He was a young patient with AIDS and Pneumocystis jiroveci pneumonia (PJP). Maybe that should have scared me from the start, but it didn’t. In hindsight, I keep wondering when the fear really set in. But downstairs under the glaring lights and the swooshing bustle in the ER, I only remember that he looked slightly bored as he took shallow, quick breaths. There was no blood, no screams of pain. No alarm bells rang in my head.
He seemed calm at first. But with each passing day he asked the same question: “Mejor?” Better? And each day I tried to look for a silver lining, even as his oxygen requirements increased and his ABGs remained troubling. A week later, when we discussed moving him to the ICU, his eyes sparked a fear that I’d never seen. Told by the nurse that he was refusing the transfer, I went down to reason with him.
“Porque tengo miedo,” he answered when I asked. “Because I’m afraid.”
I felt cold as I explained to him that he was requiring a different high-flow oxygen machine, one that only the ICU could provide, and he required closer monitoring from ICU nurses.
I went to visit him in the ICU sporadically. His nurse recognized me when I did, and she gave me daily updates. I appreciated her glowing smile; it was a stark contrast to our frowns whenever we scrutinized the stubborn numbers on telemetry screen. It also occurred to me, after these visits, that he seemed to be in much better spirits, despite being the ICU — something he had originally feared. It wasn’t until the day when I visited without his nurse that I realized the effect of that simple smile. That day, as I auscultated his chest and surveyed the telemetry monitor, he stayed silent. After a brief exchange about his antibiotics, he didn’t seem any less anxious, even though explanations had appeared to help on previous days. In fact, he even became a little more tachypneic. The fear in his eyes had flared again. I decided to drop the frown. I smiled and patted his arm. His respiratory rate decreased a notch as he gave me a wan smile back.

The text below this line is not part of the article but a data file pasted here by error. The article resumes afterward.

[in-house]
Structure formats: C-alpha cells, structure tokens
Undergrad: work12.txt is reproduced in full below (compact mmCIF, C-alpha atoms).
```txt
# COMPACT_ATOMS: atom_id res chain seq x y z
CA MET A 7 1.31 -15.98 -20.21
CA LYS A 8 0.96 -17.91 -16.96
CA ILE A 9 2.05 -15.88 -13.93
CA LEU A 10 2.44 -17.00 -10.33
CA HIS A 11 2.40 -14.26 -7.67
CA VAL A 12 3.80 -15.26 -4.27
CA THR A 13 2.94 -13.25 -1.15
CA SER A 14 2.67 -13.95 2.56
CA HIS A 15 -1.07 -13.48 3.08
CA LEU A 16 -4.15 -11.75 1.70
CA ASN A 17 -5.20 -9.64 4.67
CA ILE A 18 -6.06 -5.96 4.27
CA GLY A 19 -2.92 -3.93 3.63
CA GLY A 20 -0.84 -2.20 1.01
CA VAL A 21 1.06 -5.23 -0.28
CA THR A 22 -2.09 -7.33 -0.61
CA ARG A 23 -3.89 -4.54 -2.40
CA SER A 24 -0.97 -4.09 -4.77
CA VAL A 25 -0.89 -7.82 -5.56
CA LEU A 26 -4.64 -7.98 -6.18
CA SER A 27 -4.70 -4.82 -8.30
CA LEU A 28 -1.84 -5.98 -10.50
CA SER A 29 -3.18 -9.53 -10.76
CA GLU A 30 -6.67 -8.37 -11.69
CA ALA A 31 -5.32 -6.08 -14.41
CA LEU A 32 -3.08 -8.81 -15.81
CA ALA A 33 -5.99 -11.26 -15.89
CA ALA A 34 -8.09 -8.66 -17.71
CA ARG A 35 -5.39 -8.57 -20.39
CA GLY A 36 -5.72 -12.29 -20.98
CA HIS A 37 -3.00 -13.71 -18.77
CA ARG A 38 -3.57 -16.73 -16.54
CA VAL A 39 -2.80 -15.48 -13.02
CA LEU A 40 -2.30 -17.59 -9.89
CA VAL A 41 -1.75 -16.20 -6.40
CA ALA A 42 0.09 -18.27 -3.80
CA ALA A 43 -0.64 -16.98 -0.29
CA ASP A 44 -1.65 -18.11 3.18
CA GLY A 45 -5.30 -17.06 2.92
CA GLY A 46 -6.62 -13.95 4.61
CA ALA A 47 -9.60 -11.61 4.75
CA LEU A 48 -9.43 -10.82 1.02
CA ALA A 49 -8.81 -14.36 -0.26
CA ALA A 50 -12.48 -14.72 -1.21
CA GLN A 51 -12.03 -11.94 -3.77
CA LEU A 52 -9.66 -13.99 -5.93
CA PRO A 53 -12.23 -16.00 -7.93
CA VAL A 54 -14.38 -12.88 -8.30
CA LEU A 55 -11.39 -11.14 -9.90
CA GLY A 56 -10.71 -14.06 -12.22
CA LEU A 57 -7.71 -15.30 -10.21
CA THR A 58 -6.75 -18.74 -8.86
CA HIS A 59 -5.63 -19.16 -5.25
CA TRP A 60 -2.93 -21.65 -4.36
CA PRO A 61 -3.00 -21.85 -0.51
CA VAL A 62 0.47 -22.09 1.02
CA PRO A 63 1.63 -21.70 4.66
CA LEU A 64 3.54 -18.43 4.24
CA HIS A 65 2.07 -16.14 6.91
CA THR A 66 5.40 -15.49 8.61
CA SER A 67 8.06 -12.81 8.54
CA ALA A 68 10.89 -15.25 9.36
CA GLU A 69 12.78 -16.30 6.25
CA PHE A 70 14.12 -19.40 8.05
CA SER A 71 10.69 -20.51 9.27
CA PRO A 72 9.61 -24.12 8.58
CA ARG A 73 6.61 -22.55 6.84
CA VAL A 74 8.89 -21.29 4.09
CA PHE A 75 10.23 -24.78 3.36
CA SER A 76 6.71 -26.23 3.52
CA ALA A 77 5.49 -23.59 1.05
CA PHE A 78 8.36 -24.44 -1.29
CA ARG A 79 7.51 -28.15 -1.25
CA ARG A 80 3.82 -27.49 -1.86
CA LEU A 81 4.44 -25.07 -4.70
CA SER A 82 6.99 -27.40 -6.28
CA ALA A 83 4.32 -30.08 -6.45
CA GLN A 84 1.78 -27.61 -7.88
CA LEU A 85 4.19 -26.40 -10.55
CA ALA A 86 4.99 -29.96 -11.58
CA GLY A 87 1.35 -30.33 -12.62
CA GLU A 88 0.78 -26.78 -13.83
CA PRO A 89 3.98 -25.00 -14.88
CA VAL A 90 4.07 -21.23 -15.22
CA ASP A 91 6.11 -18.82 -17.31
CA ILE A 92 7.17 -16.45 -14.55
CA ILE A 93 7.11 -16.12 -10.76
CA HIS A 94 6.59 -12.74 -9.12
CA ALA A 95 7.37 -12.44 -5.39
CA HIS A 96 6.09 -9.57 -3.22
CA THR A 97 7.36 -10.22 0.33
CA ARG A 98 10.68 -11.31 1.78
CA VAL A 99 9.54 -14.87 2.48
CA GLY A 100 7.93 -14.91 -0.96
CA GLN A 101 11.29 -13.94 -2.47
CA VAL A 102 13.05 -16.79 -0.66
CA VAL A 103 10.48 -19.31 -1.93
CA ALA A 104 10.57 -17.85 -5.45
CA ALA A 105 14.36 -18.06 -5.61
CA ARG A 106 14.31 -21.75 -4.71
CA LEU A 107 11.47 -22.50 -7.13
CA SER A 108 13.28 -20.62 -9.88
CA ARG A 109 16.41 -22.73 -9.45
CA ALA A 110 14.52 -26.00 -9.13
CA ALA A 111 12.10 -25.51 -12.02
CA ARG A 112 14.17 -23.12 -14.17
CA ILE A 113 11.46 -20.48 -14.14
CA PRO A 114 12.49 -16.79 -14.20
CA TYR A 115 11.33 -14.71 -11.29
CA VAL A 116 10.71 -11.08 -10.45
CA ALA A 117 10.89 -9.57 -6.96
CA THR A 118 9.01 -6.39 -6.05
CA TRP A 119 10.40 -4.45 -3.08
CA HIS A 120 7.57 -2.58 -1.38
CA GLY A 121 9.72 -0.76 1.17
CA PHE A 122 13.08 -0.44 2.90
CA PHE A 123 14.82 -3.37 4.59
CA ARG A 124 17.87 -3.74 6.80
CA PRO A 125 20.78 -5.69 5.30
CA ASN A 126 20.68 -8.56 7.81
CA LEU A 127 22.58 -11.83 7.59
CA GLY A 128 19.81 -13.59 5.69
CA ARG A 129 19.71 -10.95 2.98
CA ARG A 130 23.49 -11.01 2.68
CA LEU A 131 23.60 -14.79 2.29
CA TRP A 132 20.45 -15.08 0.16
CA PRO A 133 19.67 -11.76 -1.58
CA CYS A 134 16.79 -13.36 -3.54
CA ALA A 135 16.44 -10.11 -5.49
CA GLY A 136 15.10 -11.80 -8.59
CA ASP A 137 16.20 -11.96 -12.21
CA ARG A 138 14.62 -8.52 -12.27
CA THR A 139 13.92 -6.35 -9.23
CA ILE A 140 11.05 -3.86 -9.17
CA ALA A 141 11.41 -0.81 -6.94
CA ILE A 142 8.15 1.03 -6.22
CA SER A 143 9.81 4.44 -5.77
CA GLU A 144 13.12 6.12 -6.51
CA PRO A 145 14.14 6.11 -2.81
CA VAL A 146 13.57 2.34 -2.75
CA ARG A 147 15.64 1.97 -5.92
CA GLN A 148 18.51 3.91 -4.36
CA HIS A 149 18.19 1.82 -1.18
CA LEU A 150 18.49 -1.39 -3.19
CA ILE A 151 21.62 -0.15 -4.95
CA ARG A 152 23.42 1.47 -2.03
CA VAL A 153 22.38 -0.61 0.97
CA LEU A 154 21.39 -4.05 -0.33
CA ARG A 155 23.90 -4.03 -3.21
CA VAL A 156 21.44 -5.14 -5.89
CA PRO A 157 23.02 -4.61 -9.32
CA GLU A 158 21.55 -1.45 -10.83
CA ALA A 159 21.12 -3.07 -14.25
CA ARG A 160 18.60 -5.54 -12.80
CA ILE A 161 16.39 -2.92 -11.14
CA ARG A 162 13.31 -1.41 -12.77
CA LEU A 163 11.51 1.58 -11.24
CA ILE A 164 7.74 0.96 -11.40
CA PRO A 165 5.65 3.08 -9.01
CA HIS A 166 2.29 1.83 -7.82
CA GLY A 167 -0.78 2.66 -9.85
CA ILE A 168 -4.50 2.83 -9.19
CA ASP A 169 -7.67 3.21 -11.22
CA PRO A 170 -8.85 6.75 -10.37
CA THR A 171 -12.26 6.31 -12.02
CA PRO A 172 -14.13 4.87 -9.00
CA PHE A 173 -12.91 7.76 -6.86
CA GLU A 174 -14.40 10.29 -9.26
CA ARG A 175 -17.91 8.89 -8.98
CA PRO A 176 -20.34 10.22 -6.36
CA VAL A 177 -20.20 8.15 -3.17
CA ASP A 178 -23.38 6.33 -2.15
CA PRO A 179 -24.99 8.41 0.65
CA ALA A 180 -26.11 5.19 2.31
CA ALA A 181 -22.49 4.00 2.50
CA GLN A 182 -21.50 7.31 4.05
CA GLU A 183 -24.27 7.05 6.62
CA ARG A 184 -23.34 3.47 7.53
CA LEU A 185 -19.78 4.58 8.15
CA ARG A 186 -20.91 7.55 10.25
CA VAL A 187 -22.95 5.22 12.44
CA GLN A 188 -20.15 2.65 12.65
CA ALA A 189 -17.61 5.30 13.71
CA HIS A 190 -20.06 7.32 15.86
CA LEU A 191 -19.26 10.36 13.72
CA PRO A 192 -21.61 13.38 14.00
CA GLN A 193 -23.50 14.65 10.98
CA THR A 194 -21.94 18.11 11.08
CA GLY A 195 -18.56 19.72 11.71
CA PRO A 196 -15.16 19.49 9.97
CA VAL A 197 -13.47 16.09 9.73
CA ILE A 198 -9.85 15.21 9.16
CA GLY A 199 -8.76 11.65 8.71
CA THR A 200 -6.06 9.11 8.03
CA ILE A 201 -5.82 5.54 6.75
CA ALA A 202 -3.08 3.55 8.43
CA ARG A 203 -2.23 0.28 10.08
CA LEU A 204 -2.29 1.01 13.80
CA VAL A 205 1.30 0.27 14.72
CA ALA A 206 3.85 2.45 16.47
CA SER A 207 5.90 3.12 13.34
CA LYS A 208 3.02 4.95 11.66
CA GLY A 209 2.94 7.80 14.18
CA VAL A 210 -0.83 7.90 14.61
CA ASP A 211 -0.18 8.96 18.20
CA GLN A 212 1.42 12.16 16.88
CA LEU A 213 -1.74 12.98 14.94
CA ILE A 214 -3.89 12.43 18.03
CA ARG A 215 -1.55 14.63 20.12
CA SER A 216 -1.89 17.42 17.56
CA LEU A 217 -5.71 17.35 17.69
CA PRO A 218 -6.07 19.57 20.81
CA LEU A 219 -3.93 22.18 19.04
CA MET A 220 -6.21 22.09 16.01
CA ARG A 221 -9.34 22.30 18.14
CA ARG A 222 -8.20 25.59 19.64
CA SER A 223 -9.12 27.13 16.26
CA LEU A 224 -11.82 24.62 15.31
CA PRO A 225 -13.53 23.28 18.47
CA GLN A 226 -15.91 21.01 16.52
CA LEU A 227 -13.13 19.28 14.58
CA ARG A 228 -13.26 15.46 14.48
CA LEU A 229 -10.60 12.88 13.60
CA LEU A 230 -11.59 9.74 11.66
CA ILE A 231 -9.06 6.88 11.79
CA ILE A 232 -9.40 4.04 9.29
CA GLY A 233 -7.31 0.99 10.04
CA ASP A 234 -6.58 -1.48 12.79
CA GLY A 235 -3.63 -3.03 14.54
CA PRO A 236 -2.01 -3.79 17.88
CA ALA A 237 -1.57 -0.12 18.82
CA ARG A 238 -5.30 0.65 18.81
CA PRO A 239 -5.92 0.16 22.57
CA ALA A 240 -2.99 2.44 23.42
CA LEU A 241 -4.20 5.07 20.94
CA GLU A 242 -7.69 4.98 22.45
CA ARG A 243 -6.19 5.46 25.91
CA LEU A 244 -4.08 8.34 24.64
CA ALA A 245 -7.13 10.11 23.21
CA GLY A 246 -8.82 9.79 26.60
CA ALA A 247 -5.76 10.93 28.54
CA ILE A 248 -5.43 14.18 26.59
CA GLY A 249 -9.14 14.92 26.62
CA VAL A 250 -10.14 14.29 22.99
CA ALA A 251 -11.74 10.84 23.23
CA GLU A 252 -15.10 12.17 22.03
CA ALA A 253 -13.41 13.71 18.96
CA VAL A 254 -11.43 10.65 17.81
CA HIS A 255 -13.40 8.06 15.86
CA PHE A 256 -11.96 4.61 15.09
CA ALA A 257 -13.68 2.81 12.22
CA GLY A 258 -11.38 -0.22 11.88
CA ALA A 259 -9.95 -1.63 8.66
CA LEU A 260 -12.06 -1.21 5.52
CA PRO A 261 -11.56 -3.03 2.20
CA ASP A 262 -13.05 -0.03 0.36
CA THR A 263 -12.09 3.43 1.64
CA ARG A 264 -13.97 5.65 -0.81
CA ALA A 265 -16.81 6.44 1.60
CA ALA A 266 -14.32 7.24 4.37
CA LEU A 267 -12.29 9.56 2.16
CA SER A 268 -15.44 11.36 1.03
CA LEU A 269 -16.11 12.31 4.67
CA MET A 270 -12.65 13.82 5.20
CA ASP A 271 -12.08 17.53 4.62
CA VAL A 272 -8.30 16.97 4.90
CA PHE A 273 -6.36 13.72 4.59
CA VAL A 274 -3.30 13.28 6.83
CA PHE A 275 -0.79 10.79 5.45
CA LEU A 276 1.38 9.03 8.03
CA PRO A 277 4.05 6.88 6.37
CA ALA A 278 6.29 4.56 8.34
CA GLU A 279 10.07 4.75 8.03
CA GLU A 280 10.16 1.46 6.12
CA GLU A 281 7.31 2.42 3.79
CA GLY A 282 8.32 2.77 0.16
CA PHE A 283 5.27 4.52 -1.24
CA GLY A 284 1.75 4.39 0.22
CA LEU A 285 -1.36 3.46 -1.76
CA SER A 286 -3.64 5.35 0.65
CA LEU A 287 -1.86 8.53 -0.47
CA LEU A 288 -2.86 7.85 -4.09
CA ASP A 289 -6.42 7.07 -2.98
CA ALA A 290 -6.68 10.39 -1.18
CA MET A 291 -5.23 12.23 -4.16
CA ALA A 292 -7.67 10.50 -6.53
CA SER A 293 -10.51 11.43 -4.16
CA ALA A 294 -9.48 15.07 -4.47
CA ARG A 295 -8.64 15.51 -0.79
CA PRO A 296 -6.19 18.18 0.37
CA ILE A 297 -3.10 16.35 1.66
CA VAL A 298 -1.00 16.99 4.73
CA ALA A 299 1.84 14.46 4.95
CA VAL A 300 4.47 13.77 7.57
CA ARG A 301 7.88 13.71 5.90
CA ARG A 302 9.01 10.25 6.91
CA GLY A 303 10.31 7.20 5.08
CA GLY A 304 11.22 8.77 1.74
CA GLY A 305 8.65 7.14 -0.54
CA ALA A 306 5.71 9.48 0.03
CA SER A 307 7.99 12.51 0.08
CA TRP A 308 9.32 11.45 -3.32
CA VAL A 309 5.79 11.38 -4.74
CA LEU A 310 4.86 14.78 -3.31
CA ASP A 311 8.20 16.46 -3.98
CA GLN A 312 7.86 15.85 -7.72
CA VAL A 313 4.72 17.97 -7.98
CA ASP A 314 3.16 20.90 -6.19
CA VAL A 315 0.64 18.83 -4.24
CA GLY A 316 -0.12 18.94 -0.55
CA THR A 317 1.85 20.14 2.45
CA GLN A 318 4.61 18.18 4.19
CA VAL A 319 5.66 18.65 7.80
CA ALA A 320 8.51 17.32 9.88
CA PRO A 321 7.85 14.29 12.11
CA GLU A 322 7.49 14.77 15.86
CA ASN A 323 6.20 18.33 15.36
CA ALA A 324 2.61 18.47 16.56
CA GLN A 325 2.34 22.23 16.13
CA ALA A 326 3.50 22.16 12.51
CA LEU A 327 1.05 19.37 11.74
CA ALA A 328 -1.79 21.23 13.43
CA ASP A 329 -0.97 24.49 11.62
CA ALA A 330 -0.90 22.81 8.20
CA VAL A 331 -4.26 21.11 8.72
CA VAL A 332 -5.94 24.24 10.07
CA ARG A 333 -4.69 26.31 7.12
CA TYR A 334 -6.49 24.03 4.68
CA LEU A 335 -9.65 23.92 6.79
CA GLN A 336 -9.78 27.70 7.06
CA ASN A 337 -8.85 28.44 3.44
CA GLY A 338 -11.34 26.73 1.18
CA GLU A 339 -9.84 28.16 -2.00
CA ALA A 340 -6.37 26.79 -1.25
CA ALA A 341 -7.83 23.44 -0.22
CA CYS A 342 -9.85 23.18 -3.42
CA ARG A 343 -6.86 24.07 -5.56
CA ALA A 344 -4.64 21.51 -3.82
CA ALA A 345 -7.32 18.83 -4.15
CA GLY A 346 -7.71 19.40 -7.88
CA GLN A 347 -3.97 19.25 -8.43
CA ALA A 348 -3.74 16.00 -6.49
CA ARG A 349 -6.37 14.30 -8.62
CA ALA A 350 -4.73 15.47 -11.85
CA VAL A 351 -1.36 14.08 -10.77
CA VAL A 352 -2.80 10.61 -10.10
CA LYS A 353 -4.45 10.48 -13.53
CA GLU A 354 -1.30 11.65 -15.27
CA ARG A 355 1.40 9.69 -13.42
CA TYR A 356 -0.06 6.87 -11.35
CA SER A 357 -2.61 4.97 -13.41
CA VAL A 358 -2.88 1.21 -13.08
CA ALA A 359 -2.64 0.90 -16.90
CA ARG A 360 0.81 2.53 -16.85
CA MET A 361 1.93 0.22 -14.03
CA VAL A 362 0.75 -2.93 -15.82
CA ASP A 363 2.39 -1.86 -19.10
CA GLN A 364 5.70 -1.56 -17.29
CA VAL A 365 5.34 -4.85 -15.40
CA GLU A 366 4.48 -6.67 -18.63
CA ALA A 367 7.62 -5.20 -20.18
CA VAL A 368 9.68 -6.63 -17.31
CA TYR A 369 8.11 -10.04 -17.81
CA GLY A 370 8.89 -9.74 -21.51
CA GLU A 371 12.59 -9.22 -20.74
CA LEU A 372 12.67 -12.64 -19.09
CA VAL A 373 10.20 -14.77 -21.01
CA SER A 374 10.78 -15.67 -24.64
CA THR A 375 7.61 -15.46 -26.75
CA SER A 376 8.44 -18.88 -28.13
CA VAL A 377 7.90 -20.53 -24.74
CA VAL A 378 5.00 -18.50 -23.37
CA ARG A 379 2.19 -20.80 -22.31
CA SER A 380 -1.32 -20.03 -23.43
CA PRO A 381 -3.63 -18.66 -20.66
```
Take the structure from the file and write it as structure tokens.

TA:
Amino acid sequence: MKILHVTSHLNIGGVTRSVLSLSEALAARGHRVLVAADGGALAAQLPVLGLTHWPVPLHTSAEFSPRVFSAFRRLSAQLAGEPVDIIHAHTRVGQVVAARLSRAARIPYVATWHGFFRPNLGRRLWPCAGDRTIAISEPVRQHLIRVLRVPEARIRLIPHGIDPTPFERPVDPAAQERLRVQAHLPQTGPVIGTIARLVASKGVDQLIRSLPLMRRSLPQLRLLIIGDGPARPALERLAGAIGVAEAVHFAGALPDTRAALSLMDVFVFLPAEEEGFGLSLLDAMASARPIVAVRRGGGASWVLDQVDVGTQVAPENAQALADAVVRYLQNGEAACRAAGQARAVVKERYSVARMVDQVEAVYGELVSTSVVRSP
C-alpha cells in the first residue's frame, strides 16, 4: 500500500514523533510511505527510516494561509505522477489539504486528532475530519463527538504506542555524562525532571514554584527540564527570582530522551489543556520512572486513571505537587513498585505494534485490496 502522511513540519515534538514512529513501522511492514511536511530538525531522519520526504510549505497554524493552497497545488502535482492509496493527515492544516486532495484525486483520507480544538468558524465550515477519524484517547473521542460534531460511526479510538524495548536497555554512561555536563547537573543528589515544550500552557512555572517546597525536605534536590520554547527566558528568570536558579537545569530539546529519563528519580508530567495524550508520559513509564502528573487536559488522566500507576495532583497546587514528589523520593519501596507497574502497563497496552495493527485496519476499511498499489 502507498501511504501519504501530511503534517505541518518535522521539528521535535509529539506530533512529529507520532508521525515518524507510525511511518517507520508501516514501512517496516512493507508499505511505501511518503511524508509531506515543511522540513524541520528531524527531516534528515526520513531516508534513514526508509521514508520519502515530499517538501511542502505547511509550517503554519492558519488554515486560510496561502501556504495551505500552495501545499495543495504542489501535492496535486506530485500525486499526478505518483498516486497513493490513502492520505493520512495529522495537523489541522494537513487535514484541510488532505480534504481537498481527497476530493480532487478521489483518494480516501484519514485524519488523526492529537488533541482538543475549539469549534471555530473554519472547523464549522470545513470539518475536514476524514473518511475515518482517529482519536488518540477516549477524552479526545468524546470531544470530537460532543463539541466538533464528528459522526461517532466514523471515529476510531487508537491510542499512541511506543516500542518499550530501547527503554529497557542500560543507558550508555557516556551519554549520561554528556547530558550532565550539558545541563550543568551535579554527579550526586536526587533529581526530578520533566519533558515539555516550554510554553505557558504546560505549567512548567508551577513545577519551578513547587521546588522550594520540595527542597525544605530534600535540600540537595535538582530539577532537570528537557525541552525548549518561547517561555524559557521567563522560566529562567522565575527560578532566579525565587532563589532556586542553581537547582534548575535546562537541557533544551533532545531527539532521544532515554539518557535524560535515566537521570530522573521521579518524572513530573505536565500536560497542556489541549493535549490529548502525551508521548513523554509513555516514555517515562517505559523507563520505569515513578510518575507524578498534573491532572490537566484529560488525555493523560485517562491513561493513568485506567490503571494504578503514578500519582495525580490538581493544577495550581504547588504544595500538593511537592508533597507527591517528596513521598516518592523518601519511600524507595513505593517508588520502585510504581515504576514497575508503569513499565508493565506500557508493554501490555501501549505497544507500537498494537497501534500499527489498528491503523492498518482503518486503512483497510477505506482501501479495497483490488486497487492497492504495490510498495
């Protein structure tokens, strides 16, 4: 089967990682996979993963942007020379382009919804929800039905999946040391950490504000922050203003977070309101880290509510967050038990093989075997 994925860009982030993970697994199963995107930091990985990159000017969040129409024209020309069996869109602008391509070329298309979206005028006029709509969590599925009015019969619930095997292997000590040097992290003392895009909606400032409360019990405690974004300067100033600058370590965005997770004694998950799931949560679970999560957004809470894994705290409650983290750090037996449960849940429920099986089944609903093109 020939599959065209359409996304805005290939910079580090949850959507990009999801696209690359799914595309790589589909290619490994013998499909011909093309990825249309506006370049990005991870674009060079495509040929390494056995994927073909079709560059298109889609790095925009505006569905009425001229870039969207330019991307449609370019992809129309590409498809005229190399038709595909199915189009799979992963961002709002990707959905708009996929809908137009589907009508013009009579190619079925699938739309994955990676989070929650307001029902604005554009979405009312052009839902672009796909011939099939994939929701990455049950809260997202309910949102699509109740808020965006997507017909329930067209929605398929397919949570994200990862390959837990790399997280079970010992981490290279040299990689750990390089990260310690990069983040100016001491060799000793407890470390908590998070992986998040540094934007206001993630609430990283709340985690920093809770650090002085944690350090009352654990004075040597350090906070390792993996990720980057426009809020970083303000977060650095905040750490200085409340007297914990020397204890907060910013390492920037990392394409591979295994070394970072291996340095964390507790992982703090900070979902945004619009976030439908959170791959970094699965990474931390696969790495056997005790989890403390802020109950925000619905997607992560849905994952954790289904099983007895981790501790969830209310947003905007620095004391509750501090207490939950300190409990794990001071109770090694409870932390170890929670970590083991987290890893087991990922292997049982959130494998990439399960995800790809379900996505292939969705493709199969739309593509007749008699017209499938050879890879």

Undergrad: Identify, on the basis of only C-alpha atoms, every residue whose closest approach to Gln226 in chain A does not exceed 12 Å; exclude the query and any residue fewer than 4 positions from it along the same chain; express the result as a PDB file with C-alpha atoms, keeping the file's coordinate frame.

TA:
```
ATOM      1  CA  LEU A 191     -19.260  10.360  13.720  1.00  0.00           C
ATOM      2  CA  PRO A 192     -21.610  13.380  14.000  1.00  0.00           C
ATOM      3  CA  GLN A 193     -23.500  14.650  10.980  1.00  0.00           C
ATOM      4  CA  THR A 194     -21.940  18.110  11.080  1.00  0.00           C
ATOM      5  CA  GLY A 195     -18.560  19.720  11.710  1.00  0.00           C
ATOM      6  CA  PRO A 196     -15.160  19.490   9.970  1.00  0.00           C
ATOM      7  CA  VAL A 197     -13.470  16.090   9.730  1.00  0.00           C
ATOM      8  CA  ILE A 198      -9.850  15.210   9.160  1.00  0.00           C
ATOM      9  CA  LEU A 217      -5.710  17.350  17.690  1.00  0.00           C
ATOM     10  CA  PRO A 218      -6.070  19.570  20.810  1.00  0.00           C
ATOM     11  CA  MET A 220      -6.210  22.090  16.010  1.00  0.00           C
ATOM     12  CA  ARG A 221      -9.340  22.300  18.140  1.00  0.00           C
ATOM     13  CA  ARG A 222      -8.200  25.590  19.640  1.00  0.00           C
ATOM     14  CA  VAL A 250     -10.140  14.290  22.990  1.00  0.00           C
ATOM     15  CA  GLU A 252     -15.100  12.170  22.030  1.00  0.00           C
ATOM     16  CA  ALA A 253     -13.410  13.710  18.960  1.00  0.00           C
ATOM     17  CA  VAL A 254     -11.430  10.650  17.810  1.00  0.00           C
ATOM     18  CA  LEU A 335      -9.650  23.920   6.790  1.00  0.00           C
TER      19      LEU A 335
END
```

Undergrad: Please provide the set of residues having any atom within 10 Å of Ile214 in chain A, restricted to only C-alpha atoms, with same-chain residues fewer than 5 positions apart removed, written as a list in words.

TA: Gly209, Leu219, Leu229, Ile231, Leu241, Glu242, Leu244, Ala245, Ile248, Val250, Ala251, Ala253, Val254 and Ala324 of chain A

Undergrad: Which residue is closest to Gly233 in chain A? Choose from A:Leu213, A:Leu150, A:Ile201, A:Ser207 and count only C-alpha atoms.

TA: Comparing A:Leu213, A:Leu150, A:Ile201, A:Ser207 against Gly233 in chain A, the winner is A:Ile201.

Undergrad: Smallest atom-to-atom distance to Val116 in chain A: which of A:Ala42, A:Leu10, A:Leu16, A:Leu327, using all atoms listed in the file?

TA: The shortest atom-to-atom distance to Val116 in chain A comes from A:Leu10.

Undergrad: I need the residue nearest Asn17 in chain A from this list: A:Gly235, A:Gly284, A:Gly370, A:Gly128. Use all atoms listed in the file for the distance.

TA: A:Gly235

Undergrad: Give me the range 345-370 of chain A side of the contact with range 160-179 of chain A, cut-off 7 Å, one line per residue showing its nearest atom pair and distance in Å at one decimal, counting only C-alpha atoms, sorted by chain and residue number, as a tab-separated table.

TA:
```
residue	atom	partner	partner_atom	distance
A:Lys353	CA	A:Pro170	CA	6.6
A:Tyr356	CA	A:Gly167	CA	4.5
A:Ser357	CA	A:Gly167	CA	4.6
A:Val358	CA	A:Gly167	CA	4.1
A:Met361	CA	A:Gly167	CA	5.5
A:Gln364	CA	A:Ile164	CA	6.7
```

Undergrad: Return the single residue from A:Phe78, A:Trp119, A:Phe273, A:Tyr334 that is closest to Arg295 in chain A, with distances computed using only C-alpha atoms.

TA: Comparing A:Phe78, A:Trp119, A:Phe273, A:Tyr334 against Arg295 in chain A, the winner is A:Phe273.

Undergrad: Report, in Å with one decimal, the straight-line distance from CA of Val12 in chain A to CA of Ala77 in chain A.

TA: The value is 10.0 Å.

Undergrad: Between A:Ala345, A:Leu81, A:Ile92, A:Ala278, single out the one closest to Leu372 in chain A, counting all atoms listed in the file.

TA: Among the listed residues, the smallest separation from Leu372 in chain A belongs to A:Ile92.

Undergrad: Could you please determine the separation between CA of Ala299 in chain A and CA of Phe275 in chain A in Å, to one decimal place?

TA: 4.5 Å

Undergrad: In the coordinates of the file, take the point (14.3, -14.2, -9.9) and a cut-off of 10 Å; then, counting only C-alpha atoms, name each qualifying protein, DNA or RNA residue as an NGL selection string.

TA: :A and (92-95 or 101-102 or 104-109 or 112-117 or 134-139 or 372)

My ward team received him again after his stint in the ICU. Each of the following days when I went to check on him, multiple times a day, I readied a smile. It was almost inexplicable to me, but it seemed to brighten him up. He seemed to be doing better too, with decreasing FiO2 requirements. In the following few days, I never saw the fear spark up again in his eyes. I left the rotation feeling that I had learned yet one more valuable lesson: smile — it’s easy to do and can’t hurt, but it can definitely help to manage a patient’s fear.
It was two weeks after I had left my rotation that this patient died after another transfer to the ICU. Ultimately, his CD4 count was just too low to combat the gripping PJP infection. Multiple bronchoscopies, sets of pan-cultures, and chest X-rays and CT scans were unable to reveal another source. We had leaned on the side of covering him with broad-spectrum antibiotics. I believe solidly that we, including the other teams involved in this patient’s care, did everything we could. Nothing else, medically, could have been done for him. I’m convinced of that.
It might seem silly, but I wonder if we had just smiled more.
Weijie Violet Lin is a medical student.
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